As an entrepreneur, can your business survive without me?

By Gabriel Onyango

You have struggled and toiled to beat the odds and finally, you have your business up and running, its doing well and you are getting new customers by the day. However, what happens when you have to leave the country for a while, stay away from work because you are recovering from surgery or are just burnt out from the continuous working and are need of a vacation?

A business that is not prepared to function in your absence, will quickly collapse under its own weight. While an enterprise where the owner can step away with little effect to the business becomes scalable; can be expanded to other regions and works autonomously is a magnet for investors.

Processes and procedures

Every business has processes for doing things, a normal routine; where you get supplies from, which transporter you use, how you reach customers old and new, who signs the cheques. All these procedures are at the heart of the business and at most times, are what fall apart when you leave.

From the point of designing your business model, process automation should be central to the design. Automate as many routine tasks as possible, from accounting, order placements to release of salaries. Outsource (or plan to do so) what are not your core activities in your business from accounting to marketing.

One doesn’t have to be a big business to achieve business automation, technology has levelled the playing field, with the ability to schedule tasks such as social media posting to up to six months.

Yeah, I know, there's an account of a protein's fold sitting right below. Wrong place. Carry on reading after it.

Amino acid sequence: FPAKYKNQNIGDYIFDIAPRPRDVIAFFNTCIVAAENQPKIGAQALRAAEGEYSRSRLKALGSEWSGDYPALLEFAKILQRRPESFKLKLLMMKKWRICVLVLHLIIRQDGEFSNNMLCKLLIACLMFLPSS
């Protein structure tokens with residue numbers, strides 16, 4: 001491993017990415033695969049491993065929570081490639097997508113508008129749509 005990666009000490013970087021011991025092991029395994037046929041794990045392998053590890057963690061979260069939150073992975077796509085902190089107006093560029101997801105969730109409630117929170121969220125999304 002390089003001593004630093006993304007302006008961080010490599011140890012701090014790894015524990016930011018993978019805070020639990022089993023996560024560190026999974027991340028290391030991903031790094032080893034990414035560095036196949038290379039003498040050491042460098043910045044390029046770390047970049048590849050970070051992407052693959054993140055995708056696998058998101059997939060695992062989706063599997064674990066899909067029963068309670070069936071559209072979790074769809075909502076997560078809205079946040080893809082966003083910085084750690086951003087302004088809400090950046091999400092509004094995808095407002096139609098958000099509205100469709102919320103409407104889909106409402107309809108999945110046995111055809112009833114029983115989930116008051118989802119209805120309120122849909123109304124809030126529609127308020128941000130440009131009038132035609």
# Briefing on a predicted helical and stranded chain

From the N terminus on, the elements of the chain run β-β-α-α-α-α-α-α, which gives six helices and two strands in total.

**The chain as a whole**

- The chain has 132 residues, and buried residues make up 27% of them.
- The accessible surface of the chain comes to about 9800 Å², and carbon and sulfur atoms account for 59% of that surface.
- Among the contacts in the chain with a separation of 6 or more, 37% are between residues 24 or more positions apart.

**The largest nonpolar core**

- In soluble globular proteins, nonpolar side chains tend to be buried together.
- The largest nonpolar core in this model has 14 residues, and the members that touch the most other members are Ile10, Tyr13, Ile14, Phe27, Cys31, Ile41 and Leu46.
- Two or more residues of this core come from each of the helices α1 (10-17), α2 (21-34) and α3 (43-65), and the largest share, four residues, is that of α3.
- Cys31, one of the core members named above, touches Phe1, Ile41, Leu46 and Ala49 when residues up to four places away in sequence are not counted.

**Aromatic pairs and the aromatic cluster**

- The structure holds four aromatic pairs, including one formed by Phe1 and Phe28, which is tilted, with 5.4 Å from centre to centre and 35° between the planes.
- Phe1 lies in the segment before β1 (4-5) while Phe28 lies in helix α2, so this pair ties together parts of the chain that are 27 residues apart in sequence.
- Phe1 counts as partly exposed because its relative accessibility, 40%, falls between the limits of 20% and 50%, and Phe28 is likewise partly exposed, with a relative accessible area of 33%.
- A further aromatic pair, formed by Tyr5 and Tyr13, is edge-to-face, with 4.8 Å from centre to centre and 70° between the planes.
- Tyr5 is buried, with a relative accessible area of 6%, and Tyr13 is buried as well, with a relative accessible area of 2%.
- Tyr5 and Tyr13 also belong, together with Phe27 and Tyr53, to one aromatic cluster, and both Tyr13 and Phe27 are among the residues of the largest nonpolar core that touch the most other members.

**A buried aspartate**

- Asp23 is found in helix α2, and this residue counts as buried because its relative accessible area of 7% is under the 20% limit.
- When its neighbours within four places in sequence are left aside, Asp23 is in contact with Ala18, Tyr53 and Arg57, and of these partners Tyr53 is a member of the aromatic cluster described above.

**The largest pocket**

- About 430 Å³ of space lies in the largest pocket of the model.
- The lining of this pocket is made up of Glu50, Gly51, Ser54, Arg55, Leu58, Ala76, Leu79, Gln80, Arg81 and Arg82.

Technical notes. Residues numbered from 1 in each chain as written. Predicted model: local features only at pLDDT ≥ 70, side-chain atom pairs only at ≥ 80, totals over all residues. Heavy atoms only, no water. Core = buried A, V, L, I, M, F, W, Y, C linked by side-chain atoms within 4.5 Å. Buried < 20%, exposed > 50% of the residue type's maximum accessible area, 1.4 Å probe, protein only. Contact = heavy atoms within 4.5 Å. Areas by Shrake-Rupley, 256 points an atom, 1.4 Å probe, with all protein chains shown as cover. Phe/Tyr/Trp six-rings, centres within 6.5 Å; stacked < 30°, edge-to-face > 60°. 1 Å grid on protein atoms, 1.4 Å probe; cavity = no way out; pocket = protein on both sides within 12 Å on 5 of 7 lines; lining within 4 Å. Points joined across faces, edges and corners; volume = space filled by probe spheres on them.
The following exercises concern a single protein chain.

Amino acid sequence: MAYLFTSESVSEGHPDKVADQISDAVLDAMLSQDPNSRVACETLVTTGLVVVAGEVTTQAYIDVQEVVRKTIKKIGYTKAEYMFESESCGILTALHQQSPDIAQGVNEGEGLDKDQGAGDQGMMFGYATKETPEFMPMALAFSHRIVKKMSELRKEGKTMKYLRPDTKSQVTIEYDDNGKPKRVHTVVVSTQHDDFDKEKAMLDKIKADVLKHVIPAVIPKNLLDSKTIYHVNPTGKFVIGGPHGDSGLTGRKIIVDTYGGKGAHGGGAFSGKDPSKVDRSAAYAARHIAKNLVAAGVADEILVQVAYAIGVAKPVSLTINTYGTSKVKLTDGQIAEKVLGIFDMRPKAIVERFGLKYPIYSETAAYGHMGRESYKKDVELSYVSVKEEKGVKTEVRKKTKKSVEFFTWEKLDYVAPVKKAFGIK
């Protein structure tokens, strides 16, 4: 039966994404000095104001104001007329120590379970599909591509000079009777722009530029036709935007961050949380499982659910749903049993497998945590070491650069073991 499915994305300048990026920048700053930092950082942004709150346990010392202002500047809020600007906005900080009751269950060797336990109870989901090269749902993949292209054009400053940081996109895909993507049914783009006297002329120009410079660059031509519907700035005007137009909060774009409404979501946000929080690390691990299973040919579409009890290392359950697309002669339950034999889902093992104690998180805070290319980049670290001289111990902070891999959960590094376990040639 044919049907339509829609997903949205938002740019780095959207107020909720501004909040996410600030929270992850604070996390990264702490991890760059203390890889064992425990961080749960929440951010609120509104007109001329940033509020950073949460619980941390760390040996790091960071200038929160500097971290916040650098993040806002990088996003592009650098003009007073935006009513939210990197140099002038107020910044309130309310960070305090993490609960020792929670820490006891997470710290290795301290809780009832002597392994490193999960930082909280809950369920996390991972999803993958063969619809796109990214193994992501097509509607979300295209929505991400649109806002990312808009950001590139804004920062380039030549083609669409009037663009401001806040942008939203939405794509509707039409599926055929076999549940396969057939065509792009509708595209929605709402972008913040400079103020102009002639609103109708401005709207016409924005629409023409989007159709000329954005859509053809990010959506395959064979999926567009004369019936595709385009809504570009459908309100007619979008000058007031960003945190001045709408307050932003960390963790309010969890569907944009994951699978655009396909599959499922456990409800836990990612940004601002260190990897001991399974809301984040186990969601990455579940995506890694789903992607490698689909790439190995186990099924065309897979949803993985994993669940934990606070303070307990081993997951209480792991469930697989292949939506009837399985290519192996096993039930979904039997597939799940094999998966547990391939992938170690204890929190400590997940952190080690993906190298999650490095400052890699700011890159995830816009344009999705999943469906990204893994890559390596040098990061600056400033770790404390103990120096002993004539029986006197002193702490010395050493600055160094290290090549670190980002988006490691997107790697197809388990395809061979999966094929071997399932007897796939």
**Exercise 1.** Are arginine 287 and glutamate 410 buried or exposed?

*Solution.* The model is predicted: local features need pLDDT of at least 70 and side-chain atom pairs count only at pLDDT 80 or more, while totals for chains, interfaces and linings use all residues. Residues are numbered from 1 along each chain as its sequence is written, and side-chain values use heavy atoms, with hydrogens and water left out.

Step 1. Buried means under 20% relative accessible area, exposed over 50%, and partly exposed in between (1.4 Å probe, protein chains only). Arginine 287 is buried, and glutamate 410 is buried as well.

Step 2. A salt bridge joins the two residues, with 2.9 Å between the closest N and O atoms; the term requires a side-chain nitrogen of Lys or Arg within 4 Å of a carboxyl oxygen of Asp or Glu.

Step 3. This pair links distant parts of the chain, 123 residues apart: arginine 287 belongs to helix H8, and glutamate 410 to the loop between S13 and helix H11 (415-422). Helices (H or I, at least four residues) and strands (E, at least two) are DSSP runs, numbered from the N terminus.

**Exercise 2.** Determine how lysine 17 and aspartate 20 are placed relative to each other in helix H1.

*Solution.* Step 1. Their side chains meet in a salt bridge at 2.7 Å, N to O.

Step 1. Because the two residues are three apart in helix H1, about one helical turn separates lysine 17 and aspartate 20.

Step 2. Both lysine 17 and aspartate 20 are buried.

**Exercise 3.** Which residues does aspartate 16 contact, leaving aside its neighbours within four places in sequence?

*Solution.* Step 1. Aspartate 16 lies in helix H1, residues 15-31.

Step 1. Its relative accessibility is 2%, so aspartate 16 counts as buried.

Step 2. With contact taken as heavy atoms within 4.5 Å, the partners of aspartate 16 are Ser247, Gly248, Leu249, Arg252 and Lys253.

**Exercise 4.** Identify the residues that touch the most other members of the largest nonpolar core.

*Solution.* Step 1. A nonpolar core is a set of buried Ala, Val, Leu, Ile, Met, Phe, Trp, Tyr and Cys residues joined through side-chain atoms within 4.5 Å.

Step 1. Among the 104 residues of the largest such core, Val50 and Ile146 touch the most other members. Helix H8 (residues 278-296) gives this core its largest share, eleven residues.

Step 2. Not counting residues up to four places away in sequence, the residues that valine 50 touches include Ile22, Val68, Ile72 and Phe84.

David Ogilvy, marketing executive often  hailed as the father of advertising is quoted saying: “Hire people who are better than you are, then leave them to get on with it…Look for people who will aim for the remarkable, who will not settle for the routine, ”

The root of delegation is hiring the right talent, when the right people are in place; they can work on their own and seek extra responsibility and take the business to new heights.

However, delegation starts before you leave the business, giving extra responsibility to employees, sending them to represent you at meetings, all while providing guidance such that when you leave they are confident in their abilities.

Resist the temptation to want to do everything on your own and tolerate mistakes as you shape the abilities of your team to work to your standards. Sir Richard Branson, celebrated entrepreneur behind the Virgin Group with over 400 companies sums it up saying, “If you really want to grow as an entrepreneur, you’ve got to learn to delegate.”


The company culture, which is the attitude, thinking and behavior within an organization, matters a lot. Establish a culture of interdependence between employees without you being at the center of it, collaboration comes in handy when you are away from the business and employees supplement each other’s’ strengths to run the company.

Create performance measures that you can use to gauge how the business is doing without you; they include sales, production targets, website visitor numbers etc. All of which you can check and advice from thousands of miles away.

A business that can work on its own is a business with potential and the sky is the limit. It takes less of a toll on the work-life balance of the entrepreneur and allows them to concentrate on growing the business instead of working in it.


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